The design Duo Rémy Clémente and Morgan Maccari founded Bonsoir Paris design studio. They were commissioned by Galleries Lafayette to create 16 window installations, the theme for the installation was “The Blank Page”. The white page is the beginning of creation, the place where things materialize. Working with only white materials is an interesting challenge, differentiating each from the other only by it's unique properties. Super cool installation from the talented team, read on for Q&A with the designers.
What is your background in design?
Rémy and I met at school during our graphic design studies. So we started working together with a graphic designer approach for magazines and companies. Then we started working as art directors for fashion and still life editorials, putting our knowledge in layout and composition into photographic works. That was our first step in set design and object design. Until now, our commissioned projects are quite varied, ensuring that our learning process never ends.
How would you describe Bonsoir Paris and your design philosophy?
Bonsoir Paris is definitely a mix between eclectic sensibilities. I think our identity comes from the matching points between our individual expectations of what makes a good (design, product, photography, etc.). We like to start with a design that represents a challenge for us to achieve.
How did you come to work on this project with Galeries Lafayette?
We met the Galeries's space designer to whom we showed our work. Our inspirations matched, and our previous display projects (based on unexpected material combination) immediately spoke to her so she decided to put us on the project.
What was the concept behind the installation?
The theme for the event was “The Blank Page”. The white page is the beginning of creation, the place where things materialize.
What was the design process like? Did you sketch the spaces or did you start from the materials?
The starting point on these installations, more than any other project, was the products.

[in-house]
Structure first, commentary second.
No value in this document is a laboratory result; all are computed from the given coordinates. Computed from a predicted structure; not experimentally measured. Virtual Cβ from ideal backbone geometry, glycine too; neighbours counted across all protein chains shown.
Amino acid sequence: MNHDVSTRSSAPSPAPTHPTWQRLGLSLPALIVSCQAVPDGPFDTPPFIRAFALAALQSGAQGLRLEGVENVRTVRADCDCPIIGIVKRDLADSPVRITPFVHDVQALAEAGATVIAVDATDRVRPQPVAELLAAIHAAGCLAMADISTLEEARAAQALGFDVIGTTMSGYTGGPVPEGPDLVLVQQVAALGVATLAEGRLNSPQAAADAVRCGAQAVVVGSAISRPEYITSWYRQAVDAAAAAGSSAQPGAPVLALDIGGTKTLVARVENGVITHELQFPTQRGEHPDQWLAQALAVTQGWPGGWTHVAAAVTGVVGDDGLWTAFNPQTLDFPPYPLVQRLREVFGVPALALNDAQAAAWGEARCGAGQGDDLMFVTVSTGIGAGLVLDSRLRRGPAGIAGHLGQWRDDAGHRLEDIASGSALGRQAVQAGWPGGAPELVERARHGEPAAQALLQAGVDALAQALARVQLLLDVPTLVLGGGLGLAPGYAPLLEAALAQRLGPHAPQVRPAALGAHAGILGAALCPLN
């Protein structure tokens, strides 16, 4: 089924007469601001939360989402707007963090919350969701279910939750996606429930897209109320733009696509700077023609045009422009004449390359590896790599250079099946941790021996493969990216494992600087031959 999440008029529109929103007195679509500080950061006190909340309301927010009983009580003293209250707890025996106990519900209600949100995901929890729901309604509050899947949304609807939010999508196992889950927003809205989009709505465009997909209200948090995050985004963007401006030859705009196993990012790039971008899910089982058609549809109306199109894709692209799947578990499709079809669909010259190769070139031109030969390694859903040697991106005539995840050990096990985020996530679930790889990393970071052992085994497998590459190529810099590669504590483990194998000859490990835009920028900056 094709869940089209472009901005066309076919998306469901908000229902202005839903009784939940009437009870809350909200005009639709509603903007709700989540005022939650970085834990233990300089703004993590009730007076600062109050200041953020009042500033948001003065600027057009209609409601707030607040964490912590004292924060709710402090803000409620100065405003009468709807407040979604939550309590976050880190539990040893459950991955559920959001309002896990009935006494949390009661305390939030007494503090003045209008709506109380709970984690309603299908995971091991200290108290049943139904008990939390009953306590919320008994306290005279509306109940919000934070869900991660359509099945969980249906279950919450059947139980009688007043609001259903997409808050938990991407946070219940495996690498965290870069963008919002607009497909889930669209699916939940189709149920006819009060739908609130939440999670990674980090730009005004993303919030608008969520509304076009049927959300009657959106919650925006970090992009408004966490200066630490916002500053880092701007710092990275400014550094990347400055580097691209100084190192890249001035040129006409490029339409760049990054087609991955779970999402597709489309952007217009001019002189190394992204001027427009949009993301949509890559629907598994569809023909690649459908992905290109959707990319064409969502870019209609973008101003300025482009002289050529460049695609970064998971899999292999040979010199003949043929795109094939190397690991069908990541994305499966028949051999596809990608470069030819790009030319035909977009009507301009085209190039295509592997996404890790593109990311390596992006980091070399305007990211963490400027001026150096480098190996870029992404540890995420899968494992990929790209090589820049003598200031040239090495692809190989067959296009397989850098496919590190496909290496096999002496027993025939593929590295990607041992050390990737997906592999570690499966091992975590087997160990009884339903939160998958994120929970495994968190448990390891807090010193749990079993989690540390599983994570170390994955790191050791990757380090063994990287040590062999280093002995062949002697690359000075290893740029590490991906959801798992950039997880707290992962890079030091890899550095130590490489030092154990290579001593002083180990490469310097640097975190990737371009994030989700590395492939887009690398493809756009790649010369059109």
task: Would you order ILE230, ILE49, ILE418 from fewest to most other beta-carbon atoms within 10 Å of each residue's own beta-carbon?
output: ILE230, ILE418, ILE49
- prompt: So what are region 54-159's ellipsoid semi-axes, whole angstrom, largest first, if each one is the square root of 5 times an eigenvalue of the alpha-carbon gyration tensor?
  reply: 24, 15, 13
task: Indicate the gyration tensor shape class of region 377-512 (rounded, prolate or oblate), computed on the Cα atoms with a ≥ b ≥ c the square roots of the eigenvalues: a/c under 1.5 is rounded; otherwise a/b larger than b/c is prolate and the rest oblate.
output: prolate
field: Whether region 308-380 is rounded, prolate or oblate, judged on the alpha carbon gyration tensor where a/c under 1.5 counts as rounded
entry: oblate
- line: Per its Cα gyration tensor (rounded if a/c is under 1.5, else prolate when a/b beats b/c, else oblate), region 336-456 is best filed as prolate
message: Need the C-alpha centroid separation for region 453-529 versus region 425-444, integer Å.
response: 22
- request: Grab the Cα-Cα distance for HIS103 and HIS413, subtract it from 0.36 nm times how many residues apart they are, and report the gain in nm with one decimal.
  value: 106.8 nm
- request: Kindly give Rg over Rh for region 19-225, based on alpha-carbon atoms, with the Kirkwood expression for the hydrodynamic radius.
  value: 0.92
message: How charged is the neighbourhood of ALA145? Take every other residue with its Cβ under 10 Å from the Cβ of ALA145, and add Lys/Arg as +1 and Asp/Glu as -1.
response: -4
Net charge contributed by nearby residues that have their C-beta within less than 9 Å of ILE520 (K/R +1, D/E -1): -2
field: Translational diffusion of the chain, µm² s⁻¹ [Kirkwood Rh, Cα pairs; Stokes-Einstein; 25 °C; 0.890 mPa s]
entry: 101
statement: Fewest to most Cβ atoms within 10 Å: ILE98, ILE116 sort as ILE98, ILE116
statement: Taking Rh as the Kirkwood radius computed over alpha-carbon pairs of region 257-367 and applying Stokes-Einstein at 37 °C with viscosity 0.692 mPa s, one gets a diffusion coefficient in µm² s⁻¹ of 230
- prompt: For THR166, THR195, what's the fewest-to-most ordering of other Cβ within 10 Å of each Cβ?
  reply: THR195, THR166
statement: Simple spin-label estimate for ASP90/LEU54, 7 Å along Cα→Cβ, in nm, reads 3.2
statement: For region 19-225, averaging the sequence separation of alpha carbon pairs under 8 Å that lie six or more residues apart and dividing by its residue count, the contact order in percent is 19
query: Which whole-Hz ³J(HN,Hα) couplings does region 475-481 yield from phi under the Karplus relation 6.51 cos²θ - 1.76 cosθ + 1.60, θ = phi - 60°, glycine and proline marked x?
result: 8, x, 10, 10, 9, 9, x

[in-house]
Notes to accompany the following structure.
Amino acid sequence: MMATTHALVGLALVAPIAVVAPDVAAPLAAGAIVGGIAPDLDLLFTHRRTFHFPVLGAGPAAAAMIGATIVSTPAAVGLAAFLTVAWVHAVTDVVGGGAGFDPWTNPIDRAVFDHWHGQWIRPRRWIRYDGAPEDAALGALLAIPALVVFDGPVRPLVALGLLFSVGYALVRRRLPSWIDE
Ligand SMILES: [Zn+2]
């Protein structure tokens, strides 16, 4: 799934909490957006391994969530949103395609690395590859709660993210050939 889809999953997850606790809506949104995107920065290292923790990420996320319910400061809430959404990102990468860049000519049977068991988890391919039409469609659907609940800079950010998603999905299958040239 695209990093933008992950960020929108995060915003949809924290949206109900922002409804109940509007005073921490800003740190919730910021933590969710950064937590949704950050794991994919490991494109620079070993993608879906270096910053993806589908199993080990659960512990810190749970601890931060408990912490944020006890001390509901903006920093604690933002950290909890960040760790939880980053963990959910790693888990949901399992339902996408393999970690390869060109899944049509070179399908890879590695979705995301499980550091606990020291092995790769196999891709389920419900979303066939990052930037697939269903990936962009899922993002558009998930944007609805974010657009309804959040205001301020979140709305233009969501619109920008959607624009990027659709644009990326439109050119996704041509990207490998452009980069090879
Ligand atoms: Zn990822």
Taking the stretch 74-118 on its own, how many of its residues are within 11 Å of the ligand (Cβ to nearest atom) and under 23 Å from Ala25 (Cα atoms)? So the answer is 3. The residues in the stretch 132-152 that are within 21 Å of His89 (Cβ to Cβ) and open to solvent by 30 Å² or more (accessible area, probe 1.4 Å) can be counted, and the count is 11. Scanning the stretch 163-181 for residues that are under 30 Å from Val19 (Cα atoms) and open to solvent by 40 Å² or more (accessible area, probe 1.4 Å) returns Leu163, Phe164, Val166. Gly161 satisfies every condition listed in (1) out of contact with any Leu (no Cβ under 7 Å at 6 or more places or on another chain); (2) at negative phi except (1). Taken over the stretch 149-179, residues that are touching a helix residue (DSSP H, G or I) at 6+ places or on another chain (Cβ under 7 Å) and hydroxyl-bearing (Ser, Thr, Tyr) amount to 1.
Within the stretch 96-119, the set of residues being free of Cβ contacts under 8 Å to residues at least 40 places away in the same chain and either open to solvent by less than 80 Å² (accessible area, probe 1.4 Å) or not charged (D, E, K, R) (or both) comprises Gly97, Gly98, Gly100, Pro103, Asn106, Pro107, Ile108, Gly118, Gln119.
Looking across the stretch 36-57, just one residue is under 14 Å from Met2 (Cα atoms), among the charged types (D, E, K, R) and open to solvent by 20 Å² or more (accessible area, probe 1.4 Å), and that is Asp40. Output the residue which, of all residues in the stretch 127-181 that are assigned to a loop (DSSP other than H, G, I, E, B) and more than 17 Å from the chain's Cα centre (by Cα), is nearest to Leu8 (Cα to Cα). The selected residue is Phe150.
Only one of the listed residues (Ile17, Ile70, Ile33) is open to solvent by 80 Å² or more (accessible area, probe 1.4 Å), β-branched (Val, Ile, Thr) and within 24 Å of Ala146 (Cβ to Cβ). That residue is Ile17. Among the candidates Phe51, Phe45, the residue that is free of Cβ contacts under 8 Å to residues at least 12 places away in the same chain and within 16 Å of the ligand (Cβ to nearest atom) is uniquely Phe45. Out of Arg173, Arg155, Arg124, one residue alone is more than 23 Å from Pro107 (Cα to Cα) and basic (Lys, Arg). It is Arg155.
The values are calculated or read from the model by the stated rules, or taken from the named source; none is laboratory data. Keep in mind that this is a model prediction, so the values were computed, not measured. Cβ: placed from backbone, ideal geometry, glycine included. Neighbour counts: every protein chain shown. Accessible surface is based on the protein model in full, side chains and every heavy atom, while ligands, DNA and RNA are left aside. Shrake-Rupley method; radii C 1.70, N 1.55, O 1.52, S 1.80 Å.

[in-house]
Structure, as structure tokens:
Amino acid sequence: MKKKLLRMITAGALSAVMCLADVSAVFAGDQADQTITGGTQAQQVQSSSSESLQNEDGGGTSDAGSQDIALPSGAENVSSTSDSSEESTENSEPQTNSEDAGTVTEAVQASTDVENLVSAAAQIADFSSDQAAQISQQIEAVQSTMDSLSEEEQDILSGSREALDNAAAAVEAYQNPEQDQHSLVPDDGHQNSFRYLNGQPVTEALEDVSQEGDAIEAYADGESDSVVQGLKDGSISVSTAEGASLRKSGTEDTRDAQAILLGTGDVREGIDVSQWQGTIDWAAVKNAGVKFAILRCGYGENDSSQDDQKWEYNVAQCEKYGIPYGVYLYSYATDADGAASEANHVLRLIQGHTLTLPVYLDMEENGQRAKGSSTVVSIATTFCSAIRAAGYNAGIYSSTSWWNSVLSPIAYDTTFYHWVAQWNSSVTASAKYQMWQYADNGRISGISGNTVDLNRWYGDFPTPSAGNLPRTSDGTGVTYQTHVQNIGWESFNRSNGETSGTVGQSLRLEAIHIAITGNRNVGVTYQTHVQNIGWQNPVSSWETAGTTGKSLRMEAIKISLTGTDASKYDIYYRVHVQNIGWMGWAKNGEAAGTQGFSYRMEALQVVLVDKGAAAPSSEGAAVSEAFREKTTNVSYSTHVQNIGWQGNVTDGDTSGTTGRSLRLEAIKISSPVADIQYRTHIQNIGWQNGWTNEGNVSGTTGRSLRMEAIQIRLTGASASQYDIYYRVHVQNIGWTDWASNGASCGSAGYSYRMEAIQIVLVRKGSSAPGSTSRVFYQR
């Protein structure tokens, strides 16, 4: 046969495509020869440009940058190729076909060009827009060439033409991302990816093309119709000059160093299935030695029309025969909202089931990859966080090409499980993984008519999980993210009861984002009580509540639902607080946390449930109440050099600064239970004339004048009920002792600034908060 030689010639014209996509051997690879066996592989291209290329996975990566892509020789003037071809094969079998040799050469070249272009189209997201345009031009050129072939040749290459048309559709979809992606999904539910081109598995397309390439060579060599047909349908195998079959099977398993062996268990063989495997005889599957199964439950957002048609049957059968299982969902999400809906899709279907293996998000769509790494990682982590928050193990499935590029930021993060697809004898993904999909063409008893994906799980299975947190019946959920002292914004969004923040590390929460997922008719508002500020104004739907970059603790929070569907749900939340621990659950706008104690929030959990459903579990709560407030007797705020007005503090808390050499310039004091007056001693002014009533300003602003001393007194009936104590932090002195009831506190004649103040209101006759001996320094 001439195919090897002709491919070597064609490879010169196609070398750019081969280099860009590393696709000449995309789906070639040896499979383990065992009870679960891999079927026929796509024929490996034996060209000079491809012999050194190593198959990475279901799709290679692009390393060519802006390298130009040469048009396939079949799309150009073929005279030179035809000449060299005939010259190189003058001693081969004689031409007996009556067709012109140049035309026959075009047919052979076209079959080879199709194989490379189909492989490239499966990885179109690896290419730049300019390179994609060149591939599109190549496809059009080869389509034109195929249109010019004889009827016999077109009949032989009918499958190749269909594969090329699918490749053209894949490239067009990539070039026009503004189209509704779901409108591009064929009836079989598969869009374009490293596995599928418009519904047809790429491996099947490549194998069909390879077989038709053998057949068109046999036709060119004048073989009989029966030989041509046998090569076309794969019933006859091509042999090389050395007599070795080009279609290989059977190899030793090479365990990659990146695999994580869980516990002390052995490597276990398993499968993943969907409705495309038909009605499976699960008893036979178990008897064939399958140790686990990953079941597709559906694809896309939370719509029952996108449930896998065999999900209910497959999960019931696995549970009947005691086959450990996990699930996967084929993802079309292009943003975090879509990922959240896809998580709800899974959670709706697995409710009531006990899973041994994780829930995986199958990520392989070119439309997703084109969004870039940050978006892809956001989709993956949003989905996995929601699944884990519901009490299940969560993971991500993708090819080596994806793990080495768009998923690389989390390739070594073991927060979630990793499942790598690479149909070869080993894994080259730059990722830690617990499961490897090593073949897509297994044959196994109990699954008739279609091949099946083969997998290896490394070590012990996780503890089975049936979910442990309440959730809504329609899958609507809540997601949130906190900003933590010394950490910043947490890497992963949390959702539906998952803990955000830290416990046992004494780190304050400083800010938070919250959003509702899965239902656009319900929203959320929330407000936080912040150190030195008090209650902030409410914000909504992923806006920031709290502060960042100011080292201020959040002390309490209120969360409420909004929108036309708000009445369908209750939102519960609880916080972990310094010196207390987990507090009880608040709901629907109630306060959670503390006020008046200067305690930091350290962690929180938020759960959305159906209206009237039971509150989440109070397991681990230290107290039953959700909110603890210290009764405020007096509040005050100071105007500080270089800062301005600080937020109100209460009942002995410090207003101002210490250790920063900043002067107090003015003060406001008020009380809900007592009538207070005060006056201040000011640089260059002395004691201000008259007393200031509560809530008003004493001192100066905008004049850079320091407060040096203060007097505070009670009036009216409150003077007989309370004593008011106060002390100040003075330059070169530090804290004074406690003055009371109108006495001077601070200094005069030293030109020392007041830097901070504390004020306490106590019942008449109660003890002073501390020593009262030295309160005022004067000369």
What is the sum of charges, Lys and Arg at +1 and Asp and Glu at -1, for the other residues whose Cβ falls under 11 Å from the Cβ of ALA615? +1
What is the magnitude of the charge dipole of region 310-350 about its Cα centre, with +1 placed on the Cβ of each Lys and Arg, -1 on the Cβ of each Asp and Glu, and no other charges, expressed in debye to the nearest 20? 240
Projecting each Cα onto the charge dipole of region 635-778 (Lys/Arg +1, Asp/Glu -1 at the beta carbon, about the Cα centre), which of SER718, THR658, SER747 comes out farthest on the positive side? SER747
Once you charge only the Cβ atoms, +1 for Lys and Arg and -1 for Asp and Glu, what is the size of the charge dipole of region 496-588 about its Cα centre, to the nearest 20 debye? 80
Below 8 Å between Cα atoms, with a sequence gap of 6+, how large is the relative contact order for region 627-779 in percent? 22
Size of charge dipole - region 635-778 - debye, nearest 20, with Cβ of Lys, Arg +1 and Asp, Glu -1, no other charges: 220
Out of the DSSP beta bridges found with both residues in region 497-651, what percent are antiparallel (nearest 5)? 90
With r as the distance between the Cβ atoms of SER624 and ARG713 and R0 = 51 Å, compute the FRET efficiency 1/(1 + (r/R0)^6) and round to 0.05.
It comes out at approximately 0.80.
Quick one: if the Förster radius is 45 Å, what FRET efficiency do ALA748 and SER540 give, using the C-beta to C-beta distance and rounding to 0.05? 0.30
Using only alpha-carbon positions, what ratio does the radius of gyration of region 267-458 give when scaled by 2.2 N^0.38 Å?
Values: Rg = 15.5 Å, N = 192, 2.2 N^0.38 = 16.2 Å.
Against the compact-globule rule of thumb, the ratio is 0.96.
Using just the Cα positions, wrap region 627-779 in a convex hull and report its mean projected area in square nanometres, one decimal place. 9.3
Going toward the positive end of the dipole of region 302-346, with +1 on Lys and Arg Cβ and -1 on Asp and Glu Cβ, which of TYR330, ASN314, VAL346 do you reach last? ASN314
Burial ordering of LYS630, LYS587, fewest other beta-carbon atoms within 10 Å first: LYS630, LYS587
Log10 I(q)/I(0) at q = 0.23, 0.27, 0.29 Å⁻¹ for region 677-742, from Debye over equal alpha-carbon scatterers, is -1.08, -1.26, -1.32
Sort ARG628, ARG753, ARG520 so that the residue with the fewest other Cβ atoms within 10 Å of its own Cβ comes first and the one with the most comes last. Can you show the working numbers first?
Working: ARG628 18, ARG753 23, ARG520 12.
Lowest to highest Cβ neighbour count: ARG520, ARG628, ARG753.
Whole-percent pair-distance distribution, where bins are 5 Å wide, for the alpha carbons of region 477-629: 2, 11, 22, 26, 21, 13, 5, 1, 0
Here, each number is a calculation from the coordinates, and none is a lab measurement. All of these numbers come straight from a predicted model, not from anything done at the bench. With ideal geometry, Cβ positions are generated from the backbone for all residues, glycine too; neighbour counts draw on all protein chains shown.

We created 16 window installations that highlight a detail, a characteristic that renders each product exceptional.
Who did you work with to make the spaces a reality?
When it came to production, part of the work was done in our workshop; the other part divided by all of our maker partners. Since we started Bonsoir Paris, we have managed to build a strong supplier team in each domain. Mostly people who work for the event or fashion industry and know how to work well, even in a hurry.
For the set up, we had a large installation team as back-up. Each person has his own speciality from light to assembly.
What did you learn on the way?
As all the windows were white, we learned how to play with different materials of the same color, respecting their different properties.
On these ones, light was more than ever the main parameter that gave shape to all of the installations.
Where do you find your inspiration as designers?
As a designer, having a good culture of design history is fine but I think it's more important to stay opened to other creation fields in order to find new inspirations. We are both as much inspired by other designers as by painters or music for example.
Is there a project or design that you would love to do?
Yes and I couldn't say how much. We want to go one step forward in our work and why not editing our own products or collaborative design ?
We are always keeping an eye on new technologies that we could use to create more experiential designs.
Galeries Lafayette’s “Quoi de Neuf” has become, throughout its many seasonal editions, a must-see event for the discovery of new trends in fashion.
This time, the department store was guided by literature, to immerse the spectator in a surrealist universe, punctuated by purity and minimalism.
In order to illustrate their concept of “the White Page », Bonsoir Paris created 16 window installations that highlights a detail, a characteristic that renders each product exceptional.